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I have had an online archive service for over a year now. Unfortunately, I didn't put in the infrastructure to keep statistics. All I have now are the archive access logs.

For every hour there are two audio files (0-30 min in one and 30-60 min in other). I've currently used MySQL to put in the counts. Looks something like this:

|     DATE     |   TIME  | COUNT |
|  2012-06-12  |  20:00  |  39   |
|  2012-06-12  |  20:30  |  26   |
|  2012-06-12  |  21:00  |  16   |

and so on...

That makes 365 days * 24 hrs * 2 (2 halves in an hour) > 17500 rows. This makes read/write slow and I feel a lot of space is wasted storing it this way.

So do you know of any other database that will store this data more efficiently and is faster?

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17500 is not a lot. And you can store the date and time in one column as a DATETIME. If it is slow to read, consider adding an index to the DATETIME. –  Michael Berkowski Jun 13 '12 at 0:16
Worry when you reach billions of rows. 175k is quite small, considering there's databases with literally trillions of rows. –  Marc B Jun 13 '12 at 0:18
@Michael Right. I could use indexes. But there isn't any way to shorten the write times, is there? –  Ram Jun 13 '12 at 0:21
@Marc Oh haha. Clearly I had no idea. But just out of curiosity are there other db's that can store it in a better way? –  Ram Jun 13 '12 at 0:22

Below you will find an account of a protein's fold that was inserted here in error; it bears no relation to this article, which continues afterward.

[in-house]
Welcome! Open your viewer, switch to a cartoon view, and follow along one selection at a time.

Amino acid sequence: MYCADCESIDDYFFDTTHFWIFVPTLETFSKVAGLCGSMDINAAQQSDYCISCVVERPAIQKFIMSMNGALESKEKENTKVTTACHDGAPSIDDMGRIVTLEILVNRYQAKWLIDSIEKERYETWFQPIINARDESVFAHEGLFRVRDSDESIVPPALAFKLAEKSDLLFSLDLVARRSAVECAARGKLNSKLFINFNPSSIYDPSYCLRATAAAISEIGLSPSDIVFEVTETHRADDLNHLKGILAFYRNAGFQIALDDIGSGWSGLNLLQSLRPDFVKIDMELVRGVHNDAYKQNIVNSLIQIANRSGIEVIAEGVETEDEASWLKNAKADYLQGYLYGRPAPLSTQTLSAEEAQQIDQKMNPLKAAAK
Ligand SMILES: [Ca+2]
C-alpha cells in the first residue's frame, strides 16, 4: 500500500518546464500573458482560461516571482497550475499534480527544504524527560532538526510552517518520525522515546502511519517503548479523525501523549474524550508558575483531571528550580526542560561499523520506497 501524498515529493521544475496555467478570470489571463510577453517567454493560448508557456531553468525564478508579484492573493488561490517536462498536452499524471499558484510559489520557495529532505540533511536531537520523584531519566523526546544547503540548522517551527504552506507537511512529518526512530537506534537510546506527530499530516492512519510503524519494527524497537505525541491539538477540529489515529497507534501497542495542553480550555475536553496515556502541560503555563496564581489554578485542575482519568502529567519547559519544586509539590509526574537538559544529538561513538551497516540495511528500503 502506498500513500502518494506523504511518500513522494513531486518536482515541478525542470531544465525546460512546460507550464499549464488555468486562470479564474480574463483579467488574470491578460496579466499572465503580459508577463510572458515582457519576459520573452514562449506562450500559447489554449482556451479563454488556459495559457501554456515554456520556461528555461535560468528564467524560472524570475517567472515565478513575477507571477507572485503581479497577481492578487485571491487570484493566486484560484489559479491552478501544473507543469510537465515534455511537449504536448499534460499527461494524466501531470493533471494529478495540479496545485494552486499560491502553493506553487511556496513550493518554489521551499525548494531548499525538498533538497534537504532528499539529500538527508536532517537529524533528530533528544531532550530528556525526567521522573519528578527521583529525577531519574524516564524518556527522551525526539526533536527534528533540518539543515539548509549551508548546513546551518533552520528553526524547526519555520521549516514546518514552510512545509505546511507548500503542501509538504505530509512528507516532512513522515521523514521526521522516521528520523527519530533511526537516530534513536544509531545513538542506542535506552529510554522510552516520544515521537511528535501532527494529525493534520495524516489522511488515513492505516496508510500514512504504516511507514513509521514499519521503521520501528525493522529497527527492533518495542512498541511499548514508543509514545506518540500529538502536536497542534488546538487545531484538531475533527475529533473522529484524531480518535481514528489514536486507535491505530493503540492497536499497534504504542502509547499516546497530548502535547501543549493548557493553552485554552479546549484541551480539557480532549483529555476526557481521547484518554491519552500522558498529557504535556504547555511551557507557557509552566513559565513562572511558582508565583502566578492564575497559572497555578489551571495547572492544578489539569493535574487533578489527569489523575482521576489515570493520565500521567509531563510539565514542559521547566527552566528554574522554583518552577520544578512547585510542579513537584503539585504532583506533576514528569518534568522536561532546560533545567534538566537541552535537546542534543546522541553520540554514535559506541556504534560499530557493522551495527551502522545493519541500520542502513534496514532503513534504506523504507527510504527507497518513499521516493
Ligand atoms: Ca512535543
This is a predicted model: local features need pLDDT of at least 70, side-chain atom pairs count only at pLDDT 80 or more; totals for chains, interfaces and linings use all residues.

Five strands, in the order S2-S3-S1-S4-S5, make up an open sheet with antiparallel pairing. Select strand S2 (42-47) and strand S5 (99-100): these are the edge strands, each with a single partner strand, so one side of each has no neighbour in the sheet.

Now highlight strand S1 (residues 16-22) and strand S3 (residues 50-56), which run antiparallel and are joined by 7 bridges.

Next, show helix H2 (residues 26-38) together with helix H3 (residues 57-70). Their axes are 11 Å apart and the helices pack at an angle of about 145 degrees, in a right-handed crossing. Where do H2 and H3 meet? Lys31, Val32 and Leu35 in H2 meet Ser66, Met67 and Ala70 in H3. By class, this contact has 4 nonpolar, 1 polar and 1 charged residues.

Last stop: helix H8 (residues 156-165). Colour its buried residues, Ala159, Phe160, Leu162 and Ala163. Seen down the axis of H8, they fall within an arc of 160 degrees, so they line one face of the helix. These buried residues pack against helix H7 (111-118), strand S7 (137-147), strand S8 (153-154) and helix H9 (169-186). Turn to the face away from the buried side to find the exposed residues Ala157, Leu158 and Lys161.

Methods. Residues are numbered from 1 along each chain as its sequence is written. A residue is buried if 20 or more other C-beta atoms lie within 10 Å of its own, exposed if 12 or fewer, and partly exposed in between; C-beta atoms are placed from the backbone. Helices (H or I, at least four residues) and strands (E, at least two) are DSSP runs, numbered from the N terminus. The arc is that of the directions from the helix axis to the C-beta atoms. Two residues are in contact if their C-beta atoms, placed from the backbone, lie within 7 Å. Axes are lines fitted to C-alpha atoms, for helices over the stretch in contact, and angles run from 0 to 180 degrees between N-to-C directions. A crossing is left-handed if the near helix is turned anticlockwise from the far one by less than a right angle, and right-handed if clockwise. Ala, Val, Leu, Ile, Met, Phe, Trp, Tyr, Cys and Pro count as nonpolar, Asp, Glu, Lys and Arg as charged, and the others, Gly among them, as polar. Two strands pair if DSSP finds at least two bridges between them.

@Ram if the write times are slow, it is likely because of the time it takes to seek to the row you need (hence the index) or because you have more throughput than you can deal with. If it's a question of throughput, then don't store the counts in real time. Instead store the log as you always have, and use a nightly script to compile the stats. –  Michael Berkowski Jun 13 '12 at 0:26

1 Answer 1

up vote 1 down vote accepted

That's not too many rows. If it's properly indexed, reads should be pretty fast (writes will be a little slower, but even with tables of up to about half a million rows I hardly notice).

If you are selecting items from the database using something like

select * from my_table where date='2012-06-12'

Then you need to make sure that you have an index on the date column. You can also create multiple column indexes if you are using more than one column in your where statement. That will make your read statements very fast (like I said up to on the order of a million rows).

If you're unacquainted with indexes, see here:

MySQL Indexes

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